Advertisement
Research Article

TCM Database@Taiwan: The World's Largest Traditional Chinese Medicine Database for Drug Screening In Silico

  • Calvin Yu-Chian Chen mail

    ycc@mail.cmu.edu.tw, ycc929@MIT.EDU

    Affiliations: School of Chinese Medicine, China Medical University, Taichung, Taiwan, Department of Bioinformatics, Asia University, Taichung, Taiwan, Department of Computational and Systems Biology, Massachusetts Institute of Technology, Cambridge, Massachusetts, United States of America

    X
  • Published: January 06, 2011
  • DOI: 10.1371/journal.pone.0015939

Abstract

Rapid advancing computational technologies have greatly speeded up the development of computer-aided drug design (CADD). Recently, pharmaceutical companies have increasingly shifted their attentions toward traditional Chinese medicine (TCM) for novel lead compounds. Despite the growing number of studies on TCM, there is no free 3D small molecular structure database of TCM available for virtual screening or molecular simulation. To address this shortcoming, we have constructed TCM Database@Taiwan (http://tcm.cmu.edu.tw/) based on information collected from Chinese medical texts and scientific publications. TCM Database@Taiwan is currently the world's largest non-commercial TCM database. This web-based database contains more than 20,000 pure compounds isolated from 453 TCM ingredients. Both cdx (2D) and Tripos mol2 (3D) formats of each pure compound in the database are available for download and virtual screening. The TCM database includes both simple and advanced web-based query options that can specify search clauses, such as molecular properties, substructures, TCM ingredients, and TCM classification, based on intended drug actions. The TCM database can be easily accessed by all researchers conducting CADD. Over the last eight years, numerous volunteers have devoted their time to analyze TCM ingredients from Chinese medical texts as well as to construct structure files for each isolated compound. We believe that TCM Database@Taiwan will be a milestone on the path towards modernizing traditional Chinese medicine.

Introduction

For thousands of years, traditional Chinese medicine (TCM) holds an important role in medical diagnosis and treatments in Eastern Asia. However, due to lack of systematic investigation and poor understanding of TCM regimens, TCM is less recognized in the Western society. Recently, increasing effort has been devoted to study TCM, from which a large number of bioactive compounds have been isolated and studied. Hence, there is a need to establish a database to organize the enormous amounts of TCM data and make the virtual screening of TCM ingredients easily accessible.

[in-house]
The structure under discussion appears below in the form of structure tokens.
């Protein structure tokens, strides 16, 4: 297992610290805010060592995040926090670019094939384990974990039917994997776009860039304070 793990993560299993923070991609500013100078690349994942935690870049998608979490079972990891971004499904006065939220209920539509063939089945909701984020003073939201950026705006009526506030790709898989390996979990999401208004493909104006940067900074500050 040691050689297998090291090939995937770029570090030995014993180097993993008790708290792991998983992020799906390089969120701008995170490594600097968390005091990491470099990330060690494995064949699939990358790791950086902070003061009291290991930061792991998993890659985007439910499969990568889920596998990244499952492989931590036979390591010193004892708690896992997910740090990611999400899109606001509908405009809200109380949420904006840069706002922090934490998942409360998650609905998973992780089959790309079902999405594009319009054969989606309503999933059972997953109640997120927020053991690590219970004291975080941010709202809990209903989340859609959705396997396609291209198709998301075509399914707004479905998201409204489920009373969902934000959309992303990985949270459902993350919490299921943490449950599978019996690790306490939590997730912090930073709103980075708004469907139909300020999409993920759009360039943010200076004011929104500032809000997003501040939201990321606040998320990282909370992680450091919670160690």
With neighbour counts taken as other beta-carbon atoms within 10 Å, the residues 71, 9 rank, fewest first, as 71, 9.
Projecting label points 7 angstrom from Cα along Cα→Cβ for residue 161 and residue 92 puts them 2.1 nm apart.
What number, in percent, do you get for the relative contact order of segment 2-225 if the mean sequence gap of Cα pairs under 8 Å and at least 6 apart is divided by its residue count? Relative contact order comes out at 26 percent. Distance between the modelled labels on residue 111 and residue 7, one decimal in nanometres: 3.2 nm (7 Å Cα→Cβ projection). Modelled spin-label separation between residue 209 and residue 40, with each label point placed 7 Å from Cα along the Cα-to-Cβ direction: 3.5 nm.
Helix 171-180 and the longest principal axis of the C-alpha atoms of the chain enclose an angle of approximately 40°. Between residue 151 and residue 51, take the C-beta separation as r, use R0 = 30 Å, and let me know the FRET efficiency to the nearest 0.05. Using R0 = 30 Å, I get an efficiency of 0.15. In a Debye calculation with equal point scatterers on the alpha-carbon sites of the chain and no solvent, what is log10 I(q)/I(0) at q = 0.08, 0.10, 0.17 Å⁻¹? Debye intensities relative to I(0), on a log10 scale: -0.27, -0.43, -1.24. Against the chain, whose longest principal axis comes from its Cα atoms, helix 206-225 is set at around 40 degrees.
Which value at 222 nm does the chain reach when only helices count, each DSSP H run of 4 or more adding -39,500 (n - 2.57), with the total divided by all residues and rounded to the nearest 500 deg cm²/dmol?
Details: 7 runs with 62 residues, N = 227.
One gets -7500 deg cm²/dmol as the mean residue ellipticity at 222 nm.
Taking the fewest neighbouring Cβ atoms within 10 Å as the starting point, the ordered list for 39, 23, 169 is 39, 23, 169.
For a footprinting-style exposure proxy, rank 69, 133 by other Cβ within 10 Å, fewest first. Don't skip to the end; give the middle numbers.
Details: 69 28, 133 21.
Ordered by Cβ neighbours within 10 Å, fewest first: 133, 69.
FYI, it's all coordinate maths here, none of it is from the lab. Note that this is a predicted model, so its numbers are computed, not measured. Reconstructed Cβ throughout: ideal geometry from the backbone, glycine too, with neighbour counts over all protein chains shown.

Although there are many websites detailing information for TCM sources, traditional usage from ancient material medica texts, and processing and storage procedures, these databases, such as The Chinese medicine sampler (http://www.chinesemedicinesampler.com) and Dictionary of Chinese Herbs (http://alternativehealing.org), contain little information of TCM ingredients at molecular level. The TCMGeneDIT database [1] is an effective search engine for TCM-related literature, but the information on the TCM constituents is not well organized. Other databases, including TCMD [2], Chinese Traditional Medicinal Herbs Database [3], and TCM-ID [4], provide general TCM information and 3D structures of TCM ingredients. However, these databases are either inaccessible or highly restricted for information sharing. To date, the ZINC database [5] is currently the largest free 3D molecule database. However, there is no TCM related database similar to the scale of ZINC yet. In the hope of building a complete TCM ingredient library, we construct the TCM Database@Taiwan (http://tcm.cmu.edu.tw/).

In the past, our laboratory has performed screening for multiple TCM components and has successfully discovered novel lead compounds, such as anti-viral, anti-inflammation, anti-cancer, stroke prevention compounds, and hypnotic medications [6][17]. By constructing TCM Database@Taiwan, we can further facilitate the virtual screening process in the experiment design for the TCM lead drug discovery. We firmly believe that the constituents from TCM are the sources to derive novel pharmaceutical compounds.

Results and Discussion

TCM Database@Taiwan (http://tcm.cmu.edu.tw) is currently the largest non-commercial TCM database available for download. This web database is designed in both English and traditional Chinese languages. All 3D structures are constructed in mol2 format and are readily used for virtual screening.

TCM organization

Right now, the database contains 20,000 ingredients from 453 different herbs, animal products, and minerals TCM regimens. In the near future, the database will further record folk herb ingredients. The TCM database is organized by proposed actions of Chinese medicines (Table S1). There are a total of twenty-two different drug classes and some are further divided into subclasses based on clinical applications recorded in TCM monographs. It should be noted that our TCM classification is based on traditional Chinese theories including the Yin-yang, the human Meridan/Channel system, the Five Elements theory, and the Zang Fu organ theory. It should also be noted that TCM listed under certain classes, such as parasites elimination, dampness reduction and itchiness relief medicinal, and topical application medicinal, contain toxic ingredients and are no longer prescribed in clinics. These ingredients are present in the TCM database for the completeness of TCM records. These data do not imply endorsement for any clinical or private use of the toxic TCM compounds nor for any animal products present in the database.